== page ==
6. The one that annoys me the most is the scene where the Gondorians are just standing around behind the main gates of Minas Tirith, just waiting for the orcs to finish smashing it in. That is not how mediaeval siege warfare works!
  7. I thought I would add a link to this: Goldman Sachs asks in biotech research report: 'Is curing patients a sustainable business model? It seems that the answer may well be no. And also that the company that cured hepatitis C shot itself in the foot by doing so.
  8. In order: They would say that the manipulation did not start with the referendum campaign but has been going on for years. It is up to the US whether they respect their result (FWIW my opinion is that their democracy is not in a healthy state). But of course the fundamental difference with the election of Trump is that it is not irrevocable (assuming he does not mount a coup or start a nuclear war or something like that.) I was mostly arguing that my circle will probably be less affected by Brexit and so voted disinterestedly. Though you are right that many of them are very worried for their children. No I didn't say the current state of the NHS is the fault of Brexit. If anything Brexit was sold as a cure for it, with that ridiculous £350 million a week lie (and I know anecdotally of people taken in by that lie). As I said, that was just my opinion - that Brexit will in the medium term be the final nail in the coffin for the NHS in its current form - and that I am, as far as possible, budgeting for that.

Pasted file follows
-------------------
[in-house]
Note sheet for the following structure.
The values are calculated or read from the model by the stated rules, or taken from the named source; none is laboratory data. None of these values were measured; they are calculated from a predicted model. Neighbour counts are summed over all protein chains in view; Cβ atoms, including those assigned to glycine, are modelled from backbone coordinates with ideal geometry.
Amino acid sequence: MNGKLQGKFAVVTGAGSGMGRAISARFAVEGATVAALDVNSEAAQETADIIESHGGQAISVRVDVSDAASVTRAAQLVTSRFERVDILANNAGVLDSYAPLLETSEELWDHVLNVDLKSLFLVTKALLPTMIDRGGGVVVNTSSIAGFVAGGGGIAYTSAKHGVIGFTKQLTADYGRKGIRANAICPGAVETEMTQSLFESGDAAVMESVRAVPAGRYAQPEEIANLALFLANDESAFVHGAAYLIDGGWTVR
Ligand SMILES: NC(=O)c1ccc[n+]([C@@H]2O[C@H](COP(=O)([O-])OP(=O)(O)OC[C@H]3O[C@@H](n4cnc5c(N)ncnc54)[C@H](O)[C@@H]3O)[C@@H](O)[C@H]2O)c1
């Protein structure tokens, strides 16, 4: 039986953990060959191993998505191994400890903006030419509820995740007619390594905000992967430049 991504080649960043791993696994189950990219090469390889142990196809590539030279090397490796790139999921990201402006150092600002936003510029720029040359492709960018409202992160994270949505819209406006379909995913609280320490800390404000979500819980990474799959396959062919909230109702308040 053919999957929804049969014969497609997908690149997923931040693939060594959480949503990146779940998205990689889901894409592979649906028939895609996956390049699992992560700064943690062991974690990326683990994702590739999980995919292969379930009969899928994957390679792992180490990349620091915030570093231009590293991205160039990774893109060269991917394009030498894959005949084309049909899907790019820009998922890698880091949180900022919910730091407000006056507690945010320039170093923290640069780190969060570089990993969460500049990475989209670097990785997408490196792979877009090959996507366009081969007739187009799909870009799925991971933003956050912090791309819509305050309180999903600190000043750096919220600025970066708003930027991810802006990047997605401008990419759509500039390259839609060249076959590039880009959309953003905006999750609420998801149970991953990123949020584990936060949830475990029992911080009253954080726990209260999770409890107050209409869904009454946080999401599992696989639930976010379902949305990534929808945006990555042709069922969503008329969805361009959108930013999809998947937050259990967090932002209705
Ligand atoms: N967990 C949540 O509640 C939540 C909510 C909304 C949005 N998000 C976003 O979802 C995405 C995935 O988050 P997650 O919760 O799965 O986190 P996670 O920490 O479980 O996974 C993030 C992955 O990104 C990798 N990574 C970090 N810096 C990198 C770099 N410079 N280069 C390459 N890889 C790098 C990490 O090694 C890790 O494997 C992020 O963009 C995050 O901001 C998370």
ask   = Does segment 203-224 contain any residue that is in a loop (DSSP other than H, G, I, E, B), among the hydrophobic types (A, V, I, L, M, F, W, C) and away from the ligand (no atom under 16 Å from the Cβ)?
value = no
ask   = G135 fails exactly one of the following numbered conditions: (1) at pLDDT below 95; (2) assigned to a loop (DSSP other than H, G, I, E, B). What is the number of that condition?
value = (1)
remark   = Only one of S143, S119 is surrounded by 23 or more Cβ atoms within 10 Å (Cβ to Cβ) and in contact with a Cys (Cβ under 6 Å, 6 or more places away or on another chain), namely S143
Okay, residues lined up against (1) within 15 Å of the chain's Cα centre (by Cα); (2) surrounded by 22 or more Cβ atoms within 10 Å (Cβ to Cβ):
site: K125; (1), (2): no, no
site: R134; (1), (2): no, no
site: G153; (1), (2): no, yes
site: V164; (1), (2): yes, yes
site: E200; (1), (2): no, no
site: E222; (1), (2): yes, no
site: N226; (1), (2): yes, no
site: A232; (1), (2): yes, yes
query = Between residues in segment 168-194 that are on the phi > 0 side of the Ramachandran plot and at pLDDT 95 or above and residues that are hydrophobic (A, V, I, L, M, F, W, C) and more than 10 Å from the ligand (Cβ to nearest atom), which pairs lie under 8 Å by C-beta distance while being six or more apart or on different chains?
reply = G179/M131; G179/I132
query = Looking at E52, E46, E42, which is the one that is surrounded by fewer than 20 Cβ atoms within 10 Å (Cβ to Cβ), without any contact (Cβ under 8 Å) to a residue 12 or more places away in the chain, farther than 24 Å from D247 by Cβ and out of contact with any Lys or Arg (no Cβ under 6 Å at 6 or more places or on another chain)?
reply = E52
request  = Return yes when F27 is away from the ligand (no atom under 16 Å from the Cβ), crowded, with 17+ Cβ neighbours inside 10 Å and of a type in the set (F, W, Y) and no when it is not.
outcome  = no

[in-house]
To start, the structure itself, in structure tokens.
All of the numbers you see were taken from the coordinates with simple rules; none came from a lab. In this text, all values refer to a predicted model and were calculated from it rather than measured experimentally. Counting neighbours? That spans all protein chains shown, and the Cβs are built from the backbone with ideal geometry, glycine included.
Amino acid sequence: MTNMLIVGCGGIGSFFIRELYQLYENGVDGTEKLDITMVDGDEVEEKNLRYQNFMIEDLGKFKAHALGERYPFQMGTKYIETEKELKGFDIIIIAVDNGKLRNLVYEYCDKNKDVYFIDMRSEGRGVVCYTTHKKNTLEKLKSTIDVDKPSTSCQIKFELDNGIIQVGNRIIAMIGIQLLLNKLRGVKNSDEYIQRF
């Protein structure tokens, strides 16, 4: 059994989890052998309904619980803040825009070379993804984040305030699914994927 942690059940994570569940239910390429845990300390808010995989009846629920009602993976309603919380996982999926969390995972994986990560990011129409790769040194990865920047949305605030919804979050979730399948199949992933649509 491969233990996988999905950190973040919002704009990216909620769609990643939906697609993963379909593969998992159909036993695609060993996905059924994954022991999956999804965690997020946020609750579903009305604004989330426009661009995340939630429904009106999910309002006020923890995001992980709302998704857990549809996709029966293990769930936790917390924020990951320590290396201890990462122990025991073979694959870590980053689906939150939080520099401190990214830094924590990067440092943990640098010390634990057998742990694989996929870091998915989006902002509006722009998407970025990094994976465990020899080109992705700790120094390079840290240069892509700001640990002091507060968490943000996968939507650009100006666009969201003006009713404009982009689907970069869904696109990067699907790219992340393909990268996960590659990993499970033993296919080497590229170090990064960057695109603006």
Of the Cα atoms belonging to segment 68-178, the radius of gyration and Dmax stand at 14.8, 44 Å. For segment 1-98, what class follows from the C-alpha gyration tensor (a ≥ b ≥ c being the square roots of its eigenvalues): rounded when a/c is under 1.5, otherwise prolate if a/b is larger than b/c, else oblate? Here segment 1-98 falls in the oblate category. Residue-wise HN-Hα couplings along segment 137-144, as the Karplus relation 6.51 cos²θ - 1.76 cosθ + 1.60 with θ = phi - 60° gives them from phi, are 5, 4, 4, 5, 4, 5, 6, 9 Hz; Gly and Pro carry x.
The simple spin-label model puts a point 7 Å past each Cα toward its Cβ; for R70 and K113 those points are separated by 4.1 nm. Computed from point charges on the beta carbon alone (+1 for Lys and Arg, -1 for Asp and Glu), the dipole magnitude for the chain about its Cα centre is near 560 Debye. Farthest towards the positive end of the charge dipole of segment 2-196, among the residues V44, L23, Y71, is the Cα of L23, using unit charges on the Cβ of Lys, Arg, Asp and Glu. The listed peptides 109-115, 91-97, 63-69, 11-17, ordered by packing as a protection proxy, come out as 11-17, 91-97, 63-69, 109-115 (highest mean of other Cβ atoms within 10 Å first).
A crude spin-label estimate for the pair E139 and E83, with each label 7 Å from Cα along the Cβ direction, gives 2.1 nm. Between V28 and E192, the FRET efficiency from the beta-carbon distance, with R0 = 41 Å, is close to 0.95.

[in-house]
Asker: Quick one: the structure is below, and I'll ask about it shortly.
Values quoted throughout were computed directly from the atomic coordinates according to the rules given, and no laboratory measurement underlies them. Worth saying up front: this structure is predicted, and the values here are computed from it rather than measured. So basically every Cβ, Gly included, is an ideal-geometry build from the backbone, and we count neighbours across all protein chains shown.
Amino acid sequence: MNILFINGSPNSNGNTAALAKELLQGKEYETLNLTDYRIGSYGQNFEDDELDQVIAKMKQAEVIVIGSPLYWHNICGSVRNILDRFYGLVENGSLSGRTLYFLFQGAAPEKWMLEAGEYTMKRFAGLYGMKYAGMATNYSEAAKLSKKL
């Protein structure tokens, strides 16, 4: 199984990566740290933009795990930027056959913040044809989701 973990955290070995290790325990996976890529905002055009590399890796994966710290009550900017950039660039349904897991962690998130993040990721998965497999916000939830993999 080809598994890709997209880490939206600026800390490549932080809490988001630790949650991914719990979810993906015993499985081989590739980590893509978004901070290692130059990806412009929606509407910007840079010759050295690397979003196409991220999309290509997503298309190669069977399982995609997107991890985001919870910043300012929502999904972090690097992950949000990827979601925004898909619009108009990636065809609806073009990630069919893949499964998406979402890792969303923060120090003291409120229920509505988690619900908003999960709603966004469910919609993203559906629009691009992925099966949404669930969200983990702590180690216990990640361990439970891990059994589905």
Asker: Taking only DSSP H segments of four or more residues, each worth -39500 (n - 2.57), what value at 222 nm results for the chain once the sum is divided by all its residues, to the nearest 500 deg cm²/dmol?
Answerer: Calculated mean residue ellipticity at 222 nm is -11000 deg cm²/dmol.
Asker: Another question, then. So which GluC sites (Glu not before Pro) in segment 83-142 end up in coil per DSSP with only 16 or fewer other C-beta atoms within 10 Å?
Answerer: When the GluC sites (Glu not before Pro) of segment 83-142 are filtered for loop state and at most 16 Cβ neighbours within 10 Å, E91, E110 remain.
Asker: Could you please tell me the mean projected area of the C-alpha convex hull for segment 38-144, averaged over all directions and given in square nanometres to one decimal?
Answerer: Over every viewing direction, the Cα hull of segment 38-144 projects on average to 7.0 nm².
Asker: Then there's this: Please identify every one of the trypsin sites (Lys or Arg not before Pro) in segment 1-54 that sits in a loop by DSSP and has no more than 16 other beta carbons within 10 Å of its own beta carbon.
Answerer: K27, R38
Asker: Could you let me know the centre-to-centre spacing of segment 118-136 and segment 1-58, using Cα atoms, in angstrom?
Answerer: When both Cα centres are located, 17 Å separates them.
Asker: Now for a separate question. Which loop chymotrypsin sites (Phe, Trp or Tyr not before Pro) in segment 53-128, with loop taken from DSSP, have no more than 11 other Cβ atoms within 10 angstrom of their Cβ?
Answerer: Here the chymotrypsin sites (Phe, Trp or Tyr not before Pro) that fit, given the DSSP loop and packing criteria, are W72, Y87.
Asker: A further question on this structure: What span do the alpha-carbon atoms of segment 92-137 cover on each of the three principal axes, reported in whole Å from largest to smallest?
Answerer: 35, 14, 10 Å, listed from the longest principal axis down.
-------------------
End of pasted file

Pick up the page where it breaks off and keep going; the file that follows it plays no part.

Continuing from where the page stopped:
9. One of Cameron's most stupid moves. We had already negotiated the best deal we were ever going to get (and for once in my life, a shout out to Maggie Thatcher, who managed it). There was no way we were ever going to get anything other than cosmetic improvements. By talking in such terms, instead of pointing out all our existing special arrangements (starting with being outside Schengen), Cameron was shooting his own campaign in the foot.